The centrepiece of the Memorial Garden is a rigged ship’s mast. This is placed roughly where the original signal mast associated with this tower would have been – the focal point for sending and receiving signals over two hundred years ago. This mast is from the Sail Training Vessel Astrid – a 42 metre long tall ship which started life in the Netherlands in 1918 but sadly ended by foundering just outside Kinsale Harbour on 24 July 2013. Fortunately, in this case, all on board were rescued. It is apposite, perhaps that these many nautical links are brought together at this centre as all the signal towers are believed to have been manned by sailors or retired sailors who relied in their day on good systems of communication – systems which evolved rapidly through history.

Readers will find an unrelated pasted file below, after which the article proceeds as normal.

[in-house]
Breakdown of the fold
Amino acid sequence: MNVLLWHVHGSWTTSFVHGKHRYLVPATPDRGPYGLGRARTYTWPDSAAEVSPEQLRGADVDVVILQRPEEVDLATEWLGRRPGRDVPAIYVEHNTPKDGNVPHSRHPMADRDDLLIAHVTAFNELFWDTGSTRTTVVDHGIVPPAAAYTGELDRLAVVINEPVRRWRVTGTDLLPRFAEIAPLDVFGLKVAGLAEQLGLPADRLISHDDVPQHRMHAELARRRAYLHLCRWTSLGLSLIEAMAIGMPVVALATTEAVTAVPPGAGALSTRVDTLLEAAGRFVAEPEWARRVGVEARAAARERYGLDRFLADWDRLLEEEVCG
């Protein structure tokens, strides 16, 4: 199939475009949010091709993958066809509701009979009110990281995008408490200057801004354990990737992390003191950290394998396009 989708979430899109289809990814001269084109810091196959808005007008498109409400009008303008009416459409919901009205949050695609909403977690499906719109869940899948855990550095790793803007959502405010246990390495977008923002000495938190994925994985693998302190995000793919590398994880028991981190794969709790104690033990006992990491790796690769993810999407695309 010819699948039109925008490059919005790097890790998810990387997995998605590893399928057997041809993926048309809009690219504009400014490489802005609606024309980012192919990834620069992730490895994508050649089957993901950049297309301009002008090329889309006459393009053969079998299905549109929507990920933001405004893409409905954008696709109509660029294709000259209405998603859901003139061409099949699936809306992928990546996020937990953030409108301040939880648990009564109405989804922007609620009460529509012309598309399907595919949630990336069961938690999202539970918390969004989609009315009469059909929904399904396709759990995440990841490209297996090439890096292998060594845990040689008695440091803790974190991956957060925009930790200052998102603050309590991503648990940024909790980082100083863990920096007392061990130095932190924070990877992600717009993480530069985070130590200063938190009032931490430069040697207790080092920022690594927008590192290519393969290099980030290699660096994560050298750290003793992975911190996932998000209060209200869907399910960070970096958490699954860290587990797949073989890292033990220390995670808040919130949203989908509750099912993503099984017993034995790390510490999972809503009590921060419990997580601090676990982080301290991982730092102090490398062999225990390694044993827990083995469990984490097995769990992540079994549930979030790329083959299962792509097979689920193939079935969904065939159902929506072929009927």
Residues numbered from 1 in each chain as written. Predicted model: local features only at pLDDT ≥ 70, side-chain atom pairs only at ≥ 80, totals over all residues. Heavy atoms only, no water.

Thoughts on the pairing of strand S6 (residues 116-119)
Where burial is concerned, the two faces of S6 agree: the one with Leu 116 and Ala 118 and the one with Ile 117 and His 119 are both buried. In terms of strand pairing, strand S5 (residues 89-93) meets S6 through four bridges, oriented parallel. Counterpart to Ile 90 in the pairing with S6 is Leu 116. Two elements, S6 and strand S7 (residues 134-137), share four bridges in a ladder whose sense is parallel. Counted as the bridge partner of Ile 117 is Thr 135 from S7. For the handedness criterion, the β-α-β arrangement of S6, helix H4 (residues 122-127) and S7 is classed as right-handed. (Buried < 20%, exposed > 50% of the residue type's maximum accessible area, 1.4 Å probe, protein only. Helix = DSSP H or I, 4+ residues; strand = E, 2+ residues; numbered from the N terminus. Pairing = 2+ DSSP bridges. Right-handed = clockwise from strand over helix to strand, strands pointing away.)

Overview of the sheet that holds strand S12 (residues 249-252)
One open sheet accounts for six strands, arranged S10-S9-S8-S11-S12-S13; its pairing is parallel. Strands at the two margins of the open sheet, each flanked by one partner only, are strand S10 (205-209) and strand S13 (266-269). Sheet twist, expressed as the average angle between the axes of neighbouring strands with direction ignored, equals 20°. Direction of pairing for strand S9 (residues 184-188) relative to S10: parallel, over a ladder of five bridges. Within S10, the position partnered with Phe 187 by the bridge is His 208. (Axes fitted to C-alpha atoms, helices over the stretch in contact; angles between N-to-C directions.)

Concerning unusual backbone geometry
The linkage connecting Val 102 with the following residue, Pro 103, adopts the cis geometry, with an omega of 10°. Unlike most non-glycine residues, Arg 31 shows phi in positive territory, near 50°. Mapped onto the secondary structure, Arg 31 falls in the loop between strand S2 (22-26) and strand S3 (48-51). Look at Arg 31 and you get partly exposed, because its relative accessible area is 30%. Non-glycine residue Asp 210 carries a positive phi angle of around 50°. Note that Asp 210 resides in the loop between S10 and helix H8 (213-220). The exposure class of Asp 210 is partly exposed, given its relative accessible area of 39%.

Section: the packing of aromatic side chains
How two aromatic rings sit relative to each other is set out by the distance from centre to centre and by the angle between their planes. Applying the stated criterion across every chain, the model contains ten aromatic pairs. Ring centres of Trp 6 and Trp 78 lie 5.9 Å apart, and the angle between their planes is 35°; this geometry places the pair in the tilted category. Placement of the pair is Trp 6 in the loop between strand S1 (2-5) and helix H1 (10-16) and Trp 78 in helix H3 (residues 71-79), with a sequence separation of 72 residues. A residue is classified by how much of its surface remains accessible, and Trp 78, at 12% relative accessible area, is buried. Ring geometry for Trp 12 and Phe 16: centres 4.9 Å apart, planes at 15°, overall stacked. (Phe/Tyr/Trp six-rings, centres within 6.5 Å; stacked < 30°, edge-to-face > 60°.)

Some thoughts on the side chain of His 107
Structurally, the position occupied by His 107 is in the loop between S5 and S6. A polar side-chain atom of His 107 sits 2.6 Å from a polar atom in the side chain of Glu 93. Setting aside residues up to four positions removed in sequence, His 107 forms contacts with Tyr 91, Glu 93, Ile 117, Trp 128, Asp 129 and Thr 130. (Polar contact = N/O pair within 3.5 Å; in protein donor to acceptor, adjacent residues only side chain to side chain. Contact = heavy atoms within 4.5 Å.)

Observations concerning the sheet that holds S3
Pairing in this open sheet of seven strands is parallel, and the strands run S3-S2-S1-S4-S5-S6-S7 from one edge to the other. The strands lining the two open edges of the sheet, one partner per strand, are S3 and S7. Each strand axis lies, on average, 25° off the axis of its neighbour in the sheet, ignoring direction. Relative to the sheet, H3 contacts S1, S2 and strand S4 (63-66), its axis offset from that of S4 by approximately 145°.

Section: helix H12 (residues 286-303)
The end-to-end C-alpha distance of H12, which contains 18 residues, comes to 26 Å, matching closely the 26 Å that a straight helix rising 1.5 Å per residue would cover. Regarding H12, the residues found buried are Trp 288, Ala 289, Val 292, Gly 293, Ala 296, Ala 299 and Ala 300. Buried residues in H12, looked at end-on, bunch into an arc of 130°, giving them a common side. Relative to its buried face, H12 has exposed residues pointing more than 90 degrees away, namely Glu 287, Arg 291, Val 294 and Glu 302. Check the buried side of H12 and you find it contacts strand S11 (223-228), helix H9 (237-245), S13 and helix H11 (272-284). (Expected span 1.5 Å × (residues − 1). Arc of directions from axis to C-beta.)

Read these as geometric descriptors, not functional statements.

From the Old Head of Kinsale Tower, which is number 25 of the 81 that were built around the coast of Ireland you can see tower number 26, which is on the Seven Heads peninsula, 13 kilometres to the south west (above and view from the tower parapet, below). Again, we can only admire the quality of the optical devices used to see and clearly read the flag and ball signals at such a distance. In fact, the whole subject of signalling and communication – particularly in association with these Irish stations – is worthy of a future post of its own. Keep watching out!

The Old Head of Kinsale Signal Tower and Lusitania Museum has opened for the summer season following closure during the Covid19 lockdown. Systems are in place to ensure health and safety and social distancing. Follow the link to this website for full information on opening hours and directions

A Signal Success in Irish Engineering – Part 2: Ballyroon Mountain